Corey Kreinbrink

Napoleon girls basketball coach Corey Kreinbrink shows off the page in the OHSAA Girls State Basketball program that was framed for him by OHSAA Executive Director Jerry Snodgrass. The Lady Cats were supposed to play in the Division II state semifinals the day winter sports tournaments were postponed and then later canceled.

Editor’s note: This is the first of a three-part series about the status of Ohio high school sports after an exclusive interview with Ohio High School Athletic Association Executive Director Jerry Snodgrass.

The end came suddenly and with little warning.

One of the first casualties of the COVID-19 pandemic were high school’s winter sports seasons, with the wrestling and girls basketball seasons stopped just before the start of the state tournaments and the boys basketball season ending at the regional tournament level.

The end of the Ohio high school sports seasons affected no one more than Ohio High School Athletic Association Executive Director Jerry Snodgrass.

The winter sports tournaments were postponed March 12, the first day of the state girls basketball tournament, and officially canceled March 26.

On April 21, spring sports seasons were also canceled after almost a month-long postponement.

These state tournaments and a few events during World War II (1941-45) are the only sports cancellations in the history of the OHSAA, which was founded in 1907.

“It was personal,” said Snodgrass. “It beat me up. I feel like I had worked so hard to tell our story in everything I did to gain the public trust.”

Snodgrass said since having to cancel the winter tournaments and spring sports seasons he has been the subject of a lot of personal attacks on social media.

The end of the girls basketball season ended the Napoleon Lady Cats’ storied season. The Lady Cats’ impact reached Snodgrass, who mentioned the Napoleon girls team during his press conference the day he announced postponing the winter sports tournaments.

Snodgrass coached at Defiance and Findlay high schools and was the AD at Findlay High School while they were a member of the Great Lakes League with Napoleon.

“I feel like I know many of the names (at Napoleon) better than most places,” said Snodgrass. “It affected me emotionally, them making it down there.

“I would like to tell them their sacrifice, one they did not ask to make, giving up all the things that go with being a senior, will be seen next year,” said Snodgrass. “The biggest payback they will ever get is seeing next year’s class playing basketball from their sacrifice. We don’t play for accolades, we do it for the love of the game.”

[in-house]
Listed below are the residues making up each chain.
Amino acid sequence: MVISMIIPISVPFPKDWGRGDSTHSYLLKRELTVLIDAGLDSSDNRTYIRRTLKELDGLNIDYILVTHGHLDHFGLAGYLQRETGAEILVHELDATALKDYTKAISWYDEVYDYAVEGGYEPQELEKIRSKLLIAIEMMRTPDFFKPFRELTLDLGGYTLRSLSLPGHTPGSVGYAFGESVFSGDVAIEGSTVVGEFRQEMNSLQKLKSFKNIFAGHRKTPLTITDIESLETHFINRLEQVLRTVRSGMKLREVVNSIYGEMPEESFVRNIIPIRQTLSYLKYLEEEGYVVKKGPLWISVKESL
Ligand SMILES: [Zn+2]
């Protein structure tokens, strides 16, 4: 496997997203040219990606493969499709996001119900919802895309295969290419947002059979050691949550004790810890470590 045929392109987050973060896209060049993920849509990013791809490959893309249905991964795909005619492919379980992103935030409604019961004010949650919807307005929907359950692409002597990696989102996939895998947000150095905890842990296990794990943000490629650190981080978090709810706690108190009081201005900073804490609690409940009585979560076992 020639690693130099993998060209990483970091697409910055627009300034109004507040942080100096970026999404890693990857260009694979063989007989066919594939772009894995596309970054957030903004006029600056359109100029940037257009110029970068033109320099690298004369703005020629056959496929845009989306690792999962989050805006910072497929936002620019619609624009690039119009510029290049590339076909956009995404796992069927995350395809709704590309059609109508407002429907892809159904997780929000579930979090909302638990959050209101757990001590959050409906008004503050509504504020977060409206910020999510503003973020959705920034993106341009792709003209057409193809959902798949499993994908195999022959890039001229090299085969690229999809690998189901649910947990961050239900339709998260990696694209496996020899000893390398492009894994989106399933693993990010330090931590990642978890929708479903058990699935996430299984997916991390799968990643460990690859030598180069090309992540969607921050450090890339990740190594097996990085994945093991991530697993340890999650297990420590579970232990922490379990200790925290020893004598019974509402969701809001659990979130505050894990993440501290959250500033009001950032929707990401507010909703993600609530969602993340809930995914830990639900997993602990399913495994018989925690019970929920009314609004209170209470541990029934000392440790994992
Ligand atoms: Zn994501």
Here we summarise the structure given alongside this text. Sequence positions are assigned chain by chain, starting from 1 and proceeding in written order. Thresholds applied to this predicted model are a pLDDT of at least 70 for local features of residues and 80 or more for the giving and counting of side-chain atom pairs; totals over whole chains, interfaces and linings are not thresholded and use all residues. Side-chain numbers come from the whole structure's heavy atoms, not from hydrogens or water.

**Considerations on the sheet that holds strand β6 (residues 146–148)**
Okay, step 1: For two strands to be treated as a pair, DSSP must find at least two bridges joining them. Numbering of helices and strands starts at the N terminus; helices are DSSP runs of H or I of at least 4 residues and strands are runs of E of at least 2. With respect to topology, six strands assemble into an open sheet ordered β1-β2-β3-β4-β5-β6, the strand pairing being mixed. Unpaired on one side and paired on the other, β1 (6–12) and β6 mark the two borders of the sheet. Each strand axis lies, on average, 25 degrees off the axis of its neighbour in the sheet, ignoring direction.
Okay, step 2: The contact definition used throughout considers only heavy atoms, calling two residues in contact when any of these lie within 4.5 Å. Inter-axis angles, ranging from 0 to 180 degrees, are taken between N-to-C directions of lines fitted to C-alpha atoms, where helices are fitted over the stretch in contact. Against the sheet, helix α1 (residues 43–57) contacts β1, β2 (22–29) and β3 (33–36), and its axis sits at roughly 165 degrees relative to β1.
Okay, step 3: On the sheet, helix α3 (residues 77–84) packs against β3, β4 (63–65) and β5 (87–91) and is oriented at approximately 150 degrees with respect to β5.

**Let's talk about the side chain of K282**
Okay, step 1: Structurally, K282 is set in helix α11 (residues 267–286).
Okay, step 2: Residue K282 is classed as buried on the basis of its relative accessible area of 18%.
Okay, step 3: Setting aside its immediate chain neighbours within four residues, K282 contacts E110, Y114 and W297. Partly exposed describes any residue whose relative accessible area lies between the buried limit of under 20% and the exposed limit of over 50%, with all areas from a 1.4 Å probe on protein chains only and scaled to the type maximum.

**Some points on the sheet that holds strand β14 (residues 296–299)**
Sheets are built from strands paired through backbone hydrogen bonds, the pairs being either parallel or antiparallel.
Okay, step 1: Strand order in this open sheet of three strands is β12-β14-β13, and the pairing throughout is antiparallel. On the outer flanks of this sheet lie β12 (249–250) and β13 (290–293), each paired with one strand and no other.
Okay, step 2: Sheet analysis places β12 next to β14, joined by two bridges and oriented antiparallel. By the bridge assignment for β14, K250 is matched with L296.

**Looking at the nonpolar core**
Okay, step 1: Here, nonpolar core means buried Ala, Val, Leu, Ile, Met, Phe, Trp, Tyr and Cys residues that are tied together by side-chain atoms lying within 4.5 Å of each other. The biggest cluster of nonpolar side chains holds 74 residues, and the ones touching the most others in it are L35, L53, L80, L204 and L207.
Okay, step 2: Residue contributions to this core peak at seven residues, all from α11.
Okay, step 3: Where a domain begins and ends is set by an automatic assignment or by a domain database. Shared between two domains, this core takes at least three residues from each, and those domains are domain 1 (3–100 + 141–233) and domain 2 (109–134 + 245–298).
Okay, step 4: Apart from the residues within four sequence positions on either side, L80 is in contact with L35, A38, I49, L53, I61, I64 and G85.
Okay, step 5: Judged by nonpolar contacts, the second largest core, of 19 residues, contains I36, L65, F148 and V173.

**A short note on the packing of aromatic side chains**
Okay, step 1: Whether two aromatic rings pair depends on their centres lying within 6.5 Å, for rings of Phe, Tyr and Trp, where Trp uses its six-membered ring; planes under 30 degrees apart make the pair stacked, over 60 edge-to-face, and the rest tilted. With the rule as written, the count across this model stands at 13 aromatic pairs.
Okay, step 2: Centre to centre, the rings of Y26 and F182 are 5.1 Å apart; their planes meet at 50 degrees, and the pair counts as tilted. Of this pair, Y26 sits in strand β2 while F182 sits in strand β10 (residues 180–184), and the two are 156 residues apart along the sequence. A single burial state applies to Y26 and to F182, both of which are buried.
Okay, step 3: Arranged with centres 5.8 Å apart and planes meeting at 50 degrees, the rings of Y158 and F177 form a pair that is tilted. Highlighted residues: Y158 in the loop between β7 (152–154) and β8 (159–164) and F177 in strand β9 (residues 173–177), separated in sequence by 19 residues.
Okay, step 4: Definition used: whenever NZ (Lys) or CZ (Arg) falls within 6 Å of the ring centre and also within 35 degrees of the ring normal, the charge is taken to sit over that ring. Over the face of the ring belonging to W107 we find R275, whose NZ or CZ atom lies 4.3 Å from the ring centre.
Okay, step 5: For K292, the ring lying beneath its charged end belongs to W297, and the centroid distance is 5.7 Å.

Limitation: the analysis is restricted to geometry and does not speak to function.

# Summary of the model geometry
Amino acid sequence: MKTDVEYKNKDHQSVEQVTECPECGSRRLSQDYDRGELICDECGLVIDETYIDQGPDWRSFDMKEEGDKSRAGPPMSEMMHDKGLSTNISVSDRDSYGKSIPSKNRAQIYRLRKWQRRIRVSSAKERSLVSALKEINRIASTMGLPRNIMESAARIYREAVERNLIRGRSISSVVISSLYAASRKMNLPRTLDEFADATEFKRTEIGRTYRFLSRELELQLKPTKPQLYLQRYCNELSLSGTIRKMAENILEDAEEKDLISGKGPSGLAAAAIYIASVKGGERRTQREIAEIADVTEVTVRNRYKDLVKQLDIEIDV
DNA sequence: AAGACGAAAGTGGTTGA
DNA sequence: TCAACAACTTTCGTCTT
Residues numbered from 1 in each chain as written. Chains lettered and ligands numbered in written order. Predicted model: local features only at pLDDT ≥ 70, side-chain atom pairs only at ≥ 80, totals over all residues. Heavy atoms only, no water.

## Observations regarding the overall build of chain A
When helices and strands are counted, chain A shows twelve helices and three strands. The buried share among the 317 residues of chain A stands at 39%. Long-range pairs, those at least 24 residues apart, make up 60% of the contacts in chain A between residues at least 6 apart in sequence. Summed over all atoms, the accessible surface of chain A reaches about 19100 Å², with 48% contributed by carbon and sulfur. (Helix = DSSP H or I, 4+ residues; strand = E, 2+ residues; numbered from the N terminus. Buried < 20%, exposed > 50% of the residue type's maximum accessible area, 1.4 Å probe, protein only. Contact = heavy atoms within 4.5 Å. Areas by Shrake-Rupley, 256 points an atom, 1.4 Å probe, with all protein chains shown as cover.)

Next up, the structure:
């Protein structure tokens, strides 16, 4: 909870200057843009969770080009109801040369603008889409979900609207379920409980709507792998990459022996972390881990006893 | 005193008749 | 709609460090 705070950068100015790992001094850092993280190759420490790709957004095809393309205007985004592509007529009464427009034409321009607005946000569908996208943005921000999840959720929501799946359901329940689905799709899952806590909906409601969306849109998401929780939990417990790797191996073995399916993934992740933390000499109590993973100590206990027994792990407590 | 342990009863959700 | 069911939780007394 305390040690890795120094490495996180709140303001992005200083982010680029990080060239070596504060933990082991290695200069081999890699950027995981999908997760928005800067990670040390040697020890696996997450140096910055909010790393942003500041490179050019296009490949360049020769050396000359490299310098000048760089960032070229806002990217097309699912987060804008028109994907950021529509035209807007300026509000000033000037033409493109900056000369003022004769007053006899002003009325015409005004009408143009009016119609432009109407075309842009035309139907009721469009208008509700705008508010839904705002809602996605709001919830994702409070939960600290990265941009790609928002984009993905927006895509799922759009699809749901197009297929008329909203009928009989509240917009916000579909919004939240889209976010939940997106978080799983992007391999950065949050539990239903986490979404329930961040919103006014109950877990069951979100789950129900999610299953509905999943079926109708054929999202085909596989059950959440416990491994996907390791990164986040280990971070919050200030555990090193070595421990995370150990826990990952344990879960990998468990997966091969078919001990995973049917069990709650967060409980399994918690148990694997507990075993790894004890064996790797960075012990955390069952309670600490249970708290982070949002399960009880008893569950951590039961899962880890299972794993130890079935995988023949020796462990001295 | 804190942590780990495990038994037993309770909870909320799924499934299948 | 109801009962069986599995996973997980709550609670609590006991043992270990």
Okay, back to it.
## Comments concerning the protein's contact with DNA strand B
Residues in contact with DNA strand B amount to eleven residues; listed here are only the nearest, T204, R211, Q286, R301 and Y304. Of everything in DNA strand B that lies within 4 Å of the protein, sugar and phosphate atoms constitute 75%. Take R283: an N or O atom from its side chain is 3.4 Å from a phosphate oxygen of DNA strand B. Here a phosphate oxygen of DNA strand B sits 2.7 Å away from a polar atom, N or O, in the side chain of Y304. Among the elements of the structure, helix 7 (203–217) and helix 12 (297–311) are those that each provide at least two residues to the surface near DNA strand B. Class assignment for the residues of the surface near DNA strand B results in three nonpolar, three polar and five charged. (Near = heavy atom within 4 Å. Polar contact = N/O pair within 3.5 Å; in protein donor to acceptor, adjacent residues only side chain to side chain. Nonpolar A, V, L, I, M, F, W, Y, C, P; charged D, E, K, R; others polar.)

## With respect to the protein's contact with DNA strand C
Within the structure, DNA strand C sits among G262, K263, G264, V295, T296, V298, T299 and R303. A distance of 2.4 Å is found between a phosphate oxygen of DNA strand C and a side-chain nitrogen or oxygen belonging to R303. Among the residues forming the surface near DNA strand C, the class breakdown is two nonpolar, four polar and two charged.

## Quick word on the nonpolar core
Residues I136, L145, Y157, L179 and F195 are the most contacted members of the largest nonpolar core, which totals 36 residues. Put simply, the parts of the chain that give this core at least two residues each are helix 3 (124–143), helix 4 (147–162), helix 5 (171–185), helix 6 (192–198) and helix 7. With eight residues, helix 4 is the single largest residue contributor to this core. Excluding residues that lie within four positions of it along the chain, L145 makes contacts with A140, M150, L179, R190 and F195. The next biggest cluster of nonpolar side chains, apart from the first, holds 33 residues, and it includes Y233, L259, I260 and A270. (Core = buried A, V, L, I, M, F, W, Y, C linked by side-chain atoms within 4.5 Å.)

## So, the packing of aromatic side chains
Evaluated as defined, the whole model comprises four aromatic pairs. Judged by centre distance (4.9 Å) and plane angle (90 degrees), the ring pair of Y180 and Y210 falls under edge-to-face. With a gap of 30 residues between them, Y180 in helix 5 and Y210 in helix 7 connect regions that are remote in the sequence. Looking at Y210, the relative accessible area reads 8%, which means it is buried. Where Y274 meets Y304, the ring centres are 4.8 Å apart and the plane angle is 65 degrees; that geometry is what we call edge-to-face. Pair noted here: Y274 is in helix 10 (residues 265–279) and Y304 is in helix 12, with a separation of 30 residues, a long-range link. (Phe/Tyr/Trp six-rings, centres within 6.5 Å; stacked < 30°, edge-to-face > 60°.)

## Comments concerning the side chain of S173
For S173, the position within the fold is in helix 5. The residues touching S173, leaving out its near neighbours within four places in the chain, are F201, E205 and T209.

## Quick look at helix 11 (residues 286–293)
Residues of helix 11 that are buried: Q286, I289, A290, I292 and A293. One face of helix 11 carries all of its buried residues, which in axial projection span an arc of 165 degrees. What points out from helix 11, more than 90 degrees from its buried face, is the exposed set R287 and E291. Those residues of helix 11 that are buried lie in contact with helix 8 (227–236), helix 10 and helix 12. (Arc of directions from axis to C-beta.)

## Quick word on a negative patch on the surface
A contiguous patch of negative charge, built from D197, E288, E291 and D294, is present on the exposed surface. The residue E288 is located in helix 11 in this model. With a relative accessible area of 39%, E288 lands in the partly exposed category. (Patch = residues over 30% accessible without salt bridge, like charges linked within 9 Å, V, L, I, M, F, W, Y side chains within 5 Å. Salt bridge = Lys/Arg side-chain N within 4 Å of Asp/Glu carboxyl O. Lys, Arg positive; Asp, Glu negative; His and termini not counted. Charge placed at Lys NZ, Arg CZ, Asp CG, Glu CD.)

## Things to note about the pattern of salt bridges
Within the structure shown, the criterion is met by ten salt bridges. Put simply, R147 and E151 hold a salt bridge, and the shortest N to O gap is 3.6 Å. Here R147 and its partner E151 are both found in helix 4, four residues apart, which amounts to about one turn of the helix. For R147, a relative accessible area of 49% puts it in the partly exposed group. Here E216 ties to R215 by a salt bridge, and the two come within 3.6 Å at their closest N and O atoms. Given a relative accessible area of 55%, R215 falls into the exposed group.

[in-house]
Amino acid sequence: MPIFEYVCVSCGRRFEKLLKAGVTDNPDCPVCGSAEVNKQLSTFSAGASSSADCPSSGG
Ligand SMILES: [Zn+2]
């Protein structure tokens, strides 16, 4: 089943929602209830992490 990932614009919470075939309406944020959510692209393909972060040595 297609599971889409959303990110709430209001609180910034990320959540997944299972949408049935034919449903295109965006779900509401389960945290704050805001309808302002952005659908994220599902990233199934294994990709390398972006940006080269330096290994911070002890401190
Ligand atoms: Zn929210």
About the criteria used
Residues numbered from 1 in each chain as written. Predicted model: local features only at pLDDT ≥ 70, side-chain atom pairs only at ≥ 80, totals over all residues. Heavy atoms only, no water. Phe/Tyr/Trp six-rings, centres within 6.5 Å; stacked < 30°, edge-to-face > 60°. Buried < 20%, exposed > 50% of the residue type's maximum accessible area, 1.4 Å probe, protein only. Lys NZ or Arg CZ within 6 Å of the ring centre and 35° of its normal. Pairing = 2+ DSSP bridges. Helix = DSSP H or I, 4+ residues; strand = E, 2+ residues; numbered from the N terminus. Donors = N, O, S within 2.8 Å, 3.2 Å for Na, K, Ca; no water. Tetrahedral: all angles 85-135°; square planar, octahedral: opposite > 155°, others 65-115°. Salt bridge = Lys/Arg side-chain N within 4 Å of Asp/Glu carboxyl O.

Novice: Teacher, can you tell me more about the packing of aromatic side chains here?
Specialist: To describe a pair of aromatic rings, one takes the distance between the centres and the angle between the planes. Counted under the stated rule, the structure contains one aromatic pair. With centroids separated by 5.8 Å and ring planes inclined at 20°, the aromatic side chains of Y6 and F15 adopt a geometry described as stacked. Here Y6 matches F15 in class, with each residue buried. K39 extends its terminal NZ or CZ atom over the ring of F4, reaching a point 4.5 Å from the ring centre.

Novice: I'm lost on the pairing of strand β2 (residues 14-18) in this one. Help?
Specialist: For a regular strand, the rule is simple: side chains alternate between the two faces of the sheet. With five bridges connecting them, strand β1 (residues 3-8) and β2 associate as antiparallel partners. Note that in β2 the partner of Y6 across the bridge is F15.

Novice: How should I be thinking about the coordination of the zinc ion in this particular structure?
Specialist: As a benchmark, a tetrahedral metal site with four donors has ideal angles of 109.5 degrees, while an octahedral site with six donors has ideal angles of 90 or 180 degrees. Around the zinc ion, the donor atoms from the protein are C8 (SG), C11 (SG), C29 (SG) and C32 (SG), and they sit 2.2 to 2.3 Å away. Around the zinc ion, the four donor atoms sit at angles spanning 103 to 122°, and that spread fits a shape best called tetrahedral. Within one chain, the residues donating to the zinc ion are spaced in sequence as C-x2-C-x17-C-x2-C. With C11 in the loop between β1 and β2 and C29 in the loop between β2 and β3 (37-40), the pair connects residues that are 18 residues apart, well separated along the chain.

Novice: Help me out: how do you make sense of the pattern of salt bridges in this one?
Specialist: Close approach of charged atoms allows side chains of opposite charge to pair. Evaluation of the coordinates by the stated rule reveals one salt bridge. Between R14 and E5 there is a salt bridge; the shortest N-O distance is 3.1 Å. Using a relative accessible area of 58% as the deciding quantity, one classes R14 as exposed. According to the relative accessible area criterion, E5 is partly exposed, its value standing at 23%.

Snodgrass said he was looking forward to seeing the crowds the Napoleon fans were expected to bring after they sold out the school’s allotment of tickets for the state tournament in less than two hours.

“I know how important sports are for a community,” he said. “Nothing brings a community together more than high school sports. Leading up to the regional and state tournaments I saw something from a realtor from Napoleon talking about what made it great to live in Napoleon and he focused on the girls basketball team. That tells you how important that was to the Napoleon community.”

The OHSAA executive director was also impressed with the way the Lady Cats handled not getting to play at the state tournament after going 27-0 to get there. He was especially aware of the demeanor of Napoleon girls basketball coach Corey Kreinbrink.

“It would be wrong if I did not say that I want every coach in Ohio, in every sport, to talk to Corey Kreinbrink about the maturity with how he handled (the situation),” said Snodgrass. “As far as head coaches go, we need more Corey Kreinbrinks.”

Snodgrass said he was also moved by something Kreinbrink wrote on social media about getting his name in the state basketball program was a life-long dream and to have that fulfilled was special. After reading it, Snodgrass had the Napoleon page of the girls basketball program framed and sent to Kreinbrink.

“First, and foremost, my respect of Jerry is enormous,” said Kreinbrink. “I know a lot of coaches feel the same way. Not only the way he handles himself, but he’s been a coach and one in northwest Ohio, and an athletics director. He’s gone through all this stuff.

“For him to point this out is very humbling,” continued Kreinbrink. “He knows my dad very well and to come out and say this means a lot to me. It’s a really cool thing.”

Kreinbrink empathizes with Snodgrass during the COVID-19 pandemic.

“A lot of people think he is making these decisions and he doesn’t care or it doesn’t matter to him,” said Kreinbrink. “It is the exact opposite of that. He is doing everything that he can to make up for an impossible situation.”

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